While some may think that anyone who teaches 7th and 8th graders should receive an award for bravery, Chris Payne disagrees.  He says, “I wouldn’t want to teach any other age.” 

His students, their parents, and the Archdiocese of Chicago all agree that he is doing a great job, and showed their appreciation by honoring Payne with the “Heart of the School” award. 

A resident of Forest Park since 1991, Payne grew up in Wheaton and attended high school in Oak Park.  He did his university work at Western, earning a BA in History, to which he added a teaching certificate.  One could say that teaching was in his blood.  One grandmother, and all her sisters, were teachers, and books were plentiful and discussed as he grew up.  The other side of the family included an Ohio politician, and Payne credits that grandfather with his love of history. 

Payne began his teaching career at Our Lady of Charity in Cicero, and from the start has taught the junior high grades.  After 10 years in Cicero, he transferred to St. Joseph in Wilmette, again teaching the junior high grades, and continuing to teach history and literature.   He is glad that  there is “an emphasis on learning and spirituality” in the Catholic schools. 

This is a teacher who is glad he is teaching.  Payne says, “I’m lucky. Some people just do a job.”

The Heart of the School award is not the first notice taken of this fine teacher.  Payne was nominated for this award two other times, for Who’s Who in Education, and for the “Disney Award”. 

The “Heart of the School” award is a multi-step process.  Teachers are nominated by parents.  After being nominated, each teacher, to remain in the process, writes a number of essays explaining both personal and teaching philosophy.  These essays and an application are submitted to the Archdiocese and reviewed by a panel which includes the awarded teachers of the previous year.  This year, six hundred teachers were nominated.  Only fourteen chosen, two teachers in each of 7 different categories.   Payne quipped that he realized only after the award ceremony, that he would be on the awards committee next year.

Payne’s award was in the area of Innovation and Creativity, and very appropriate.  He keeps a page on the school website, which, in addition to the homework assignments and long range project reminders, includes a “this day in history” section. (And students who read about the history of the day, and can answer a question about it get extra credit!)

When his 7th graders studied the Middle Ages, part of the unit was making a family crest, and explaining the symbols and colors chosen to the rest of the class. 

He developed a computer model of the stock market and used it to teach about the 1929 crash.  Each student was given $1000 to invest (on the hard drive only) and
challenged to avoid going broke when the
market failed.

He links history and literature.  When his history class covered WWI, “All Quiet on the Western Front” was read in literature.   Reading WWI poetry was the prelude to the students producing works of visual art and poetry.  Payne says “I see students with other talents” thus he works to incorporate those talents into the classroom.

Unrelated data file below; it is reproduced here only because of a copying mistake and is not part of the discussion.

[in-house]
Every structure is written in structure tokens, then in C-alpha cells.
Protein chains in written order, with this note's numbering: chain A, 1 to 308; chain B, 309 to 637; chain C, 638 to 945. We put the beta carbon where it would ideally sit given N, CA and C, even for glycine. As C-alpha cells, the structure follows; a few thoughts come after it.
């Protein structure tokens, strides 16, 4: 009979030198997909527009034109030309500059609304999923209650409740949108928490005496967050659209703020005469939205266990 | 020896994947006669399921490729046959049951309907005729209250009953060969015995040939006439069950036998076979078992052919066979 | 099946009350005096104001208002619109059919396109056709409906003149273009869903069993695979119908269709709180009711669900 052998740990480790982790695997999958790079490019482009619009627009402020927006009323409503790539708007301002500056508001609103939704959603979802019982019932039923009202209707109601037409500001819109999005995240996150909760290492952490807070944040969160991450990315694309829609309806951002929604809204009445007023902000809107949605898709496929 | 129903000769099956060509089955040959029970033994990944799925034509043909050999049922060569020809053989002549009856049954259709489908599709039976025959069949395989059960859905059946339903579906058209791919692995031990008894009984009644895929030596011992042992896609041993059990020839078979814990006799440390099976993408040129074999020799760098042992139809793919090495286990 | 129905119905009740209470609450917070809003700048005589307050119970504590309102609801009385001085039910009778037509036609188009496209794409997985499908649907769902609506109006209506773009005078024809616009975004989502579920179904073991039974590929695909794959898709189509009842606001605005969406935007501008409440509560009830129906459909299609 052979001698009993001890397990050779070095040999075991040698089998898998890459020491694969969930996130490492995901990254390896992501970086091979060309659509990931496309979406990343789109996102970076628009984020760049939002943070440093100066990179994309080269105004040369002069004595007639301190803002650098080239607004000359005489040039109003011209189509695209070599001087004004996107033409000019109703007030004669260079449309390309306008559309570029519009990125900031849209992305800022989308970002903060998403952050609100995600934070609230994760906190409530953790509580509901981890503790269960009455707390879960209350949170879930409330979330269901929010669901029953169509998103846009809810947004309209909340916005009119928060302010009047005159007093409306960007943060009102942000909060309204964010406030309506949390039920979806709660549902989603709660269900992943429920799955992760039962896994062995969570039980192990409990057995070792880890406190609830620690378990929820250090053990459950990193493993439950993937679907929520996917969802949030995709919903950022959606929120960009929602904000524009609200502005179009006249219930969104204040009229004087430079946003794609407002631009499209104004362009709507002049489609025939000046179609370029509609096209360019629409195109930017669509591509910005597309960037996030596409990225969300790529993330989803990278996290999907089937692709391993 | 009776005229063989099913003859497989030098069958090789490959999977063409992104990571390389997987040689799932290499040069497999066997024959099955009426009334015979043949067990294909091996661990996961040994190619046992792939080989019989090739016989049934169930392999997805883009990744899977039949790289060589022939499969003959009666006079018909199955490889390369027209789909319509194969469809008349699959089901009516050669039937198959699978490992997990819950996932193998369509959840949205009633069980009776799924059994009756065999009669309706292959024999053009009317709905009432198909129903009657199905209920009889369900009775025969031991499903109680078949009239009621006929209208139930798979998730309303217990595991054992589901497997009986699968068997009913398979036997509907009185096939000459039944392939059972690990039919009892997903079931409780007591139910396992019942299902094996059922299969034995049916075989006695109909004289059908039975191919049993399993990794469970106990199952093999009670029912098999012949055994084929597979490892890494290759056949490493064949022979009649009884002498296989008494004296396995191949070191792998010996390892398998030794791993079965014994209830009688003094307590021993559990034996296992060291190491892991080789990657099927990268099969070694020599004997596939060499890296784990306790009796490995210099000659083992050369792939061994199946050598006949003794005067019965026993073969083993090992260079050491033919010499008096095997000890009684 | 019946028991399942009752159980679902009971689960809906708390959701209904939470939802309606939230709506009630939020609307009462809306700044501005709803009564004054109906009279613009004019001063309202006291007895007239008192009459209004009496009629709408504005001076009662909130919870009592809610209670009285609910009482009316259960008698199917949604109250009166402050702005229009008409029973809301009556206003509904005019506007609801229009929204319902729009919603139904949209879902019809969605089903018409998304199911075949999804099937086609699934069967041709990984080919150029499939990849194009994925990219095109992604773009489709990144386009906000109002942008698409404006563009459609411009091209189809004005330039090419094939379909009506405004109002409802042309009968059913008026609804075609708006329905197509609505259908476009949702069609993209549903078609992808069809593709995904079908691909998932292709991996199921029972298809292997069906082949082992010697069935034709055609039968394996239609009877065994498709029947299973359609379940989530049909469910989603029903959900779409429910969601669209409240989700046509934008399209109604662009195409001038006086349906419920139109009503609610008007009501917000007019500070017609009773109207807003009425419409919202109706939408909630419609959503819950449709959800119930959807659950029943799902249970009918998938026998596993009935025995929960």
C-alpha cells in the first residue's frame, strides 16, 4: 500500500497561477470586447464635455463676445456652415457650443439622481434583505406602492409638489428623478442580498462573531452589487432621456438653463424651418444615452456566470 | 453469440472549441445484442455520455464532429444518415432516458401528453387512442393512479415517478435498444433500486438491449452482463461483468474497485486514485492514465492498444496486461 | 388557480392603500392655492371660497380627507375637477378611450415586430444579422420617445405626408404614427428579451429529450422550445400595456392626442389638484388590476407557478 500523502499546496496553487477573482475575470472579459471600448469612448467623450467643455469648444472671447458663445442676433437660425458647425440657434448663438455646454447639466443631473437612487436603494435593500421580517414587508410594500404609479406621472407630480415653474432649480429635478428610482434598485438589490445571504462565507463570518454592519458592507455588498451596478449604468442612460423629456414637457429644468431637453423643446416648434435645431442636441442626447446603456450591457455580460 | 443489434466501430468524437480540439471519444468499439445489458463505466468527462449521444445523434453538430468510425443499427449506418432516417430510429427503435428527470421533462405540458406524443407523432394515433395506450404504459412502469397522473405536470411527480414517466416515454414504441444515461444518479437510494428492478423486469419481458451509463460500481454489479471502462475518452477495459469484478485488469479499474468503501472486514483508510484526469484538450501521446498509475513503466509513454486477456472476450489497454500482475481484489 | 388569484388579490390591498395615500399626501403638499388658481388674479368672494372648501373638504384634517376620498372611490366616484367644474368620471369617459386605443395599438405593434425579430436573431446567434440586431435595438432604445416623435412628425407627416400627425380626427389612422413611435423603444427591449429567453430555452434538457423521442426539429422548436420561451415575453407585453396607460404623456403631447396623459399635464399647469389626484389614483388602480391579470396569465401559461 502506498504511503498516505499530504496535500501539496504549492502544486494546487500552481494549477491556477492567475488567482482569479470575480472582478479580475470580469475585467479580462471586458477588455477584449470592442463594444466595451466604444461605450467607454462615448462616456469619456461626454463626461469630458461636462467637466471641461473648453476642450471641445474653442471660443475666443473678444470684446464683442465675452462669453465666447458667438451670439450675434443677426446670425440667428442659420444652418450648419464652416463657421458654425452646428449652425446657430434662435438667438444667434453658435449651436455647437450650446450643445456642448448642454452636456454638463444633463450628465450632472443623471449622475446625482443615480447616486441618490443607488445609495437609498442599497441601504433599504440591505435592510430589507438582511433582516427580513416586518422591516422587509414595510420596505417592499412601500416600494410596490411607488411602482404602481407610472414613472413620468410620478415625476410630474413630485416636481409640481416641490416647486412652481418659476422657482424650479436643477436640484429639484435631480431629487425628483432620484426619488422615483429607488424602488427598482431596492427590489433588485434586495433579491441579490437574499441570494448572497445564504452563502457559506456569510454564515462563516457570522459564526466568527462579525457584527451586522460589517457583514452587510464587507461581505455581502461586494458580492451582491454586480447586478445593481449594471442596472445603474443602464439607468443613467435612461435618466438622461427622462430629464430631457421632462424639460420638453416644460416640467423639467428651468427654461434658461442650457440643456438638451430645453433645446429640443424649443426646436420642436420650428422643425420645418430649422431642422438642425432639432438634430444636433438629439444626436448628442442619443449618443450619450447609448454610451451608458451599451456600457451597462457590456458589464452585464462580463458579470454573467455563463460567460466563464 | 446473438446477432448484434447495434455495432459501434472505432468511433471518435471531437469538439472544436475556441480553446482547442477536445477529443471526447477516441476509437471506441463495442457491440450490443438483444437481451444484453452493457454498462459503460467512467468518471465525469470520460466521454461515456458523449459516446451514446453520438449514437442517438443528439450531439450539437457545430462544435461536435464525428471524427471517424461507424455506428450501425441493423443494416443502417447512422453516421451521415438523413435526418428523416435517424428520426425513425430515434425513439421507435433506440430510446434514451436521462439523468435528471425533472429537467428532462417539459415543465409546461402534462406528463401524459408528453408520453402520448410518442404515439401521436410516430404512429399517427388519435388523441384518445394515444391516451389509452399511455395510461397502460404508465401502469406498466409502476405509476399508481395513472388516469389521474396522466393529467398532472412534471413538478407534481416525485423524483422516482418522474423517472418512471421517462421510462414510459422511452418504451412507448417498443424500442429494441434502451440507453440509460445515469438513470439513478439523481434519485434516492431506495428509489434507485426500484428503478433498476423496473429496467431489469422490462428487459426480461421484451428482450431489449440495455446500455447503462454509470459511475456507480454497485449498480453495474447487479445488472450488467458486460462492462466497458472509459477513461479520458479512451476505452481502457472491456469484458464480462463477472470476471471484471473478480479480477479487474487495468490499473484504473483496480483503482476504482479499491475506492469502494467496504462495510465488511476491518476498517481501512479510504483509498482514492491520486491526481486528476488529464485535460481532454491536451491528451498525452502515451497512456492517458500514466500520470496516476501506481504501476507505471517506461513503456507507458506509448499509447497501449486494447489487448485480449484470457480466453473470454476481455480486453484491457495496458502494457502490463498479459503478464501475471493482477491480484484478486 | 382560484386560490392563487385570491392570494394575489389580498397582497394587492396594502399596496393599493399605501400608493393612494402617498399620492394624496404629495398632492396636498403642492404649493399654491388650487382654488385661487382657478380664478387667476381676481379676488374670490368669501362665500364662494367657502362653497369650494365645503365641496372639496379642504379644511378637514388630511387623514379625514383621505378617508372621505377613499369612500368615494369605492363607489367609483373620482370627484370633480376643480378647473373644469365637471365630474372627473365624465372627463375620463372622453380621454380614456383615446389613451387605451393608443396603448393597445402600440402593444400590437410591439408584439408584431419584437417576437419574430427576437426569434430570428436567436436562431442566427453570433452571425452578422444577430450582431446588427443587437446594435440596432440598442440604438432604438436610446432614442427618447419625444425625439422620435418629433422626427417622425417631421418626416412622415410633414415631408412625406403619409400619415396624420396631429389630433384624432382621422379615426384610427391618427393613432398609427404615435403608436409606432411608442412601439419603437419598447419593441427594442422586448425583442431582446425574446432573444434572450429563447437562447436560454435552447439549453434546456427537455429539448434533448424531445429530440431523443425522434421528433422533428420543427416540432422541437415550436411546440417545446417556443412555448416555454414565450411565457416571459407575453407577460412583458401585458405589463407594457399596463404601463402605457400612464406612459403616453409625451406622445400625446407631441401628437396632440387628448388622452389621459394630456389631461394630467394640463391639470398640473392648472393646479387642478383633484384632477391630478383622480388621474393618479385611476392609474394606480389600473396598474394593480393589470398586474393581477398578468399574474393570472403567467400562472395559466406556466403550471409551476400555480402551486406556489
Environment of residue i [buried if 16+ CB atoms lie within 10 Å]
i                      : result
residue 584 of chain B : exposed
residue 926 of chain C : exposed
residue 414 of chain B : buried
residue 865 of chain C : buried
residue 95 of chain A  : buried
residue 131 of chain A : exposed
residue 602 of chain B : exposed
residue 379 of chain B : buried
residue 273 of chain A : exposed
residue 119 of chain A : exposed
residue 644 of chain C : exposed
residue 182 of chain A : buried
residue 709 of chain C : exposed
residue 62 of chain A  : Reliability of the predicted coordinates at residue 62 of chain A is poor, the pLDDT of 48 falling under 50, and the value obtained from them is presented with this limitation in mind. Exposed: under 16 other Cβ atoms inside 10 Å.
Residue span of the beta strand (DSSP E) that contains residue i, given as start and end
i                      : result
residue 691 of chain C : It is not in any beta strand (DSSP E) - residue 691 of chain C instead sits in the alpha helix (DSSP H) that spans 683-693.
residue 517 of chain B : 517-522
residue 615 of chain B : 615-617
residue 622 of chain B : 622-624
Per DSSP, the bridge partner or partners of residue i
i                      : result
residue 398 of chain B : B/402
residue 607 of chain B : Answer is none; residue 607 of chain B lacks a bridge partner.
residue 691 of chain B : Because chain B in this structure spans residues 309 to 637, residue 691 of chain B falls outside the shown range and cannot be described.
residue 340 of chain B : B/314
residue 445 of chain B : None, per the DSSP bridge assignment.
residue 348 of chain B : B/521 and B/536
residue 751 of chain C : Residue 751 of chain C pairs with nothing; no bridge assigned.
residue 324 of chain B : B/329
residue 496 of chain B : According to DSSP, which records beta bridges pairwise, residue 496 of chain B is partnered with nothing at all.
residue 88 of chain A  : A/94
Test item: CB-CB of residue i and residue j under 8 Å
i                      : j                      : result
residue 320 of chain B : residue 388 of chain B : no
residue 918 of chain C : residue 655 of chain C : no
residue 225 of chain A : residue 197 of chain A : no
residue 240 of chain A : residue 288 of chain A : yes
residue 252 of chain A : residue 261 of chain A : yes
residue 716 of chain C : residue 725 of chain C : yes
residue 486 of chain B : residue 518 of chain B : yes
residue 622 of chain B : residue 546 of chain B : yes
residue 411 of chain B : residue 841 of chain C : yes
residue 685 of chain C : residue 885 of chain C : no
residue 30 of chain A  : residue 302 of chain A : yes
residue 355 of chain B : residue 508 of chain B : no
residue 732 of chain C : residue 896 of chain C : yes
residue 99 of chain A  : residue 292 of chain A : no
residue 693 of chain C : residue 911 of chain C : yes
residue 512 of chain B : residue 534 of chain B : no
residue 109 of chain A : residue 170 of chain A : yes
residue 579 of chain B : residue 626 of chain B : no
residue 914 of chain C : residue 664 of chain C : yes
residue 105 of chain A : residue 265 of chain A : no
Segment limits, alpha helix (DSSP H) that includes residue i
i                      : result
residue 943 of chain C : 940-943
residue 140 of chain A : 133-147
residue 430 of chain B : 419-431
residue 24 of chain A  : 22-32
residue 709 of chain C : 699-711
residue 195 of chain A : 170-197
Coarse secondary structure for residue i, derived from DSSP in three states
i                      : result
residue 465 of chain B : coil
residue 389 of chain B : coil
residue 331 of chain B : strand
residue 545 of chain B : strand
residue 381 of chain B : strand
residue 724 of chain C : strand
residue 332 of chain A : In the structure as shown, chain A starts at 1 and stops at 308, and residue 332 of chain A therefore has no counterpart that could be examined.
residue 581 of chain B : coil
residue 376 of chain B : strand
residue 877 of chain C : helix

It is not surprising that his school days run long.   He arrives at 6.30  (classes start at 8.30) and he stays till “whenever.”

While teaching the facts of history and literature, Payne has his eyes firmly on his students’ future  challenges.  “One of my goals is to get them ready for the next step.” he says.  To prepare them for High School, he teaches them how to take notes and how to study for tests, even running test practice sessions before school.  Talented as a tutor, he has donated tutoring time as an auction item in a school fundraiser.

After teaching for 14 years, in Cicero and now in Wilmette, Payne has launched many students.  He says, “One of my favorite things is hearing from former students.”  One is teaching math at OPRF; another teaches history.  Some contact him when they finish college.  Others touch base with him when, as Payne relates, “something they learn reminds them of me.”

Ron Berger, principal at St. Joseph,  speaks very highly of Payne. “Chris inspires and challenges students to do their best. He is readily accessible to students if they need extra help. … He essentially makes social studies and literature come alive in his classroom,” says Berger.

The award is also special for St. Joseph.  Closed for a number of years, the school reopened with a preschool program 9 years ago, adding teachers and classes as the grades advanced.  The graduating class of 2003 was the first in 17 years.  

Berger continues, “This is the first time that a teacher at St. Joseph School has received this award. … It’s really the top prize for a Catholic school teacher.”

It’s clear Payne is in the right place, and it’s clear that he deserved this “Heart of the School” award.  Payne smiles as he says,  “I’m truly happy.  It sounds corny, but I love what I’m doing.  In front of a class, I’m as happy as I can be.”